On the other end of the spectrum, recent research has found that MOOC students are often highly educated adults who already hold an advanced degree, minimizing the competition with colleges and universities who are recruiting prospective learners interested in enrolling in credit-bearing programs.  Free, non-credit courses could be an attractive option to the busy professional interested in enhancing an established skill set, but the high caliber of the courses often requires a larger time commitment than a traditional non-credit enrichment course offered by a local college or university.

Although MOOCs have faced significant challenges, it is clear that they are having an impact on the higher education industry, even if not to the extent as originally predicted. Many MOOC platforms are attempting to adapt to the changing needs of the educational consumer.  Learners are becoming increasingly reliant and accustomed to digital technology. This had led to an uptick in the availability of online courses in the higher education industry. Many colleges and universities are integrating enhanced MOOC content into established curriculums. In return, MOOC platforms are attempting to draw the attention of learners interested in certificate options that are recognized in the industry being studied. Coursera and edx now offer verified certificates, which attempt to provide a “more meaningful certificate of completion” by allowing the student to share detailed course performance records. The impact of these certificates is still unclear, but the higher education industry will undoubtedly keep a close watch on the evolution of MOOCs.

Research & Marketing Strategies (RMS) is a market research firm located in Syracuse, NY. RMS specializes in higher education market research assessments. For more information on conducting a market research project, contact Sandy Baker, Director of Business Development, at SandyB@RMSresults.com or by calling 1-866-567-5422.

This blog post is a summary of a recent project completed by Research & Marketing Strategies (RMS). 

Background: A regional news publication partnered with Research & Marketing Strategies, Inc. (RMS) to conduct a readership profile survey. The publication wanted to better understand readers’ usage, interests, and work to optimize marketing materials. The market research objective was to provide the insights needed to guide improvements to news platforms, provide demographic information of users for marketing collateral, and decipher the adjustments required of content and advertising to make it a more attractive purchase for businesses.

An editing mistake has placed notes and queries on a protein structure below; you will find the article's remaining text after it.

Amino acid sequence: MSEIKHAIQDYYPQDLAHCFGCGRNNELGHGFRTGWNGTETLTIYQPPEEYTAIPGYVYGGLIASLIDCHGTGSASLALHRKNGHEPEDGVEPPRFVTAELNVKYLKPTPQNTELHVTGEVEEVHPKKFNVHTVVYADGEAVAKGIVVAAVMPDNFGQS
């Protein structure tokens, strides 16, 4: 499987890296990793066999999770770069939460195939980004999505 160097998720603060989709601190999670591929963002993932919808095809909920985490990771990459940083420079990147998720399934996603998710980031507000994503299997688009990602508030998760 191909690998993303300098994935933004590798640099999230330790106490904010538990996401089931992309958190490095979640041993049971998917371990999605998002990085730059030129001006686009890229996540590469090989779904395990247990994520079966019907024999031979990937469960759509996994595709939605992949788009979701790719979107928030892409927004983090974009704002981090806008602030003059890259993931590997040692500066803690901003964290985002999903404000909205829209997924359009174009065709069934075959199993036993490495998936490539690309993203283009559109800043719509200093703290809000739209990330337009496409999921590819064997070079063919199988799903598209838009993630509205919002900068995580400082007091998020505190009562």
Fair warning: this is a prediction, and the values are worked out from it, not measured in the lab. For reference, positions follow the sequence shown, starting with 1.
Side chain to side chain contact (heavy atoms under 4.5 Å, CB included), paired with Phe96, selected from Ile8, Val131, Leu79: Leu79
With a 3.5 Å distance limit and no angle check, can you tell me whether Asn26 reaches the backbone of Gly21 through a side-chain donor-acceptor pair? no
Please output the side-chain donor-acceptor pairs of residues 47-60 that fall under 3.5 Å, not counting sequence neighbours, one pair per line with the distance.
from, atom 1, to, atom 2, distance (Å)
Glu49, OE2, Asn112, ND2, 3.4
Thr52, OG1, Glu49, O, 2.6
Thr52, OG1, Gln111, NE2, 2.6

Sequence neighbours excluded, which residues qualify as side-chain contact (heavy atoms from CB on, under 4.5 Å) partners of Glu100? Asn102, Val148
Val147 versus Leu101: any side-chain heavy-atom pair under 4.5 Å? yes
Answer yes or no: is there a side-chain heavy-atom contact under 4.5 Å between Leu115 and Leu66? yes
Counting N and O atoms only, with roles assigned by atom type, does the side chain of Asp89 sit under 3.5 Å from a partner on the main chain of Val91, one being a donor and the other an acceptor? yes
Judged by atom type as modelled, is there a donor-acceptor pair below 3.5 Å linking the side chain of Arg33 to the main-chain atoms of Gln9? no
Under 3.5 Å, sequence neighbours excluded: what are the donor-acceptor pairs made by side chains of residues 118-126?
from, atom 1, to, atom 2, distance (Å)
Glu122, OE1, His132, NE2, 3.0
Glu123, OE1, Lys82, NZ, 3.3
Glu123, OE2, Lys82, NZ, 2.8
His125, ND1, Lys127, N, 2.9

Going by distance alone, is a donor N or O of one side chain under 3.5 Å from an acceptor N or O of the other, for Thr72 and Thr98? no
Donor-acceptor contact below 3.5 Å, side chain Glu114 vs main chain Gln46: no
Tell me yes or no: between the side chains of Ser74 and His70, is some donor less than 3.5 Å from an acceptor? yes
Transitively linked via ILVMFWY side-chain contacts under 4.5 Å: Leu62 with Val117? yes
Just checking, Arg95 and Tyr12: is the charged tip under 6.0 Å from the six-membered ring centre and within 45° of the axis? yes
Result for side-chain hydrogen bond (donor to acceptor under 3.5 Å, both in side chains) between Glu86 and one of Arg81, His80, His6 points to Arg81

Readership Survey

Approach: The study consisted of an online survey administered to members of the community market area for the client. Both the print and online subscriber list was used as the sample pool for the online survey. In addition, a group of core reader contact information was collected and pulled into a database for the survey. A total of 407 surveys were completed, and fieldwork lasted approximately 5 weeks.

Results: Here are some highlights of the study’s findings:

  • 93% – Percentage of respondents that read at least 1 of the last 4 copies of the publication (56% read or looked at all four)
  • 63% – Percentage of readers that have other people at work, home, or somewhere else that read or look at their copies
  • 74% – Percentage of website users that visit the site once a month or more (37% visit a few times a week or more)
  • 53% – Percentage of respondents that read emailed news – another 30% read the these emails a few times a week
  • 91% – Percentage of respondents that stated the advertising or stories were helpful to make either business or personal decisions
  • Demographic profiles of readers included: (1) level of positions within organizations, (2) titles, (3) industry, (4) size of business, (5) total revenue or sales of the organization, (6) age, (7) educational attainment, (8) household income levels, and (9) approximate net worth

Research & Marketing Strategies (RMS) is a readership survey firm located in Syracuse, NY. If you are interested in conducting a readership survey for your publication contact our Business Development Director, Sandy Baker at SandyB@RMSresults.com or by calling 1-866-567-5422. Visit our website at www.RMSresults.com.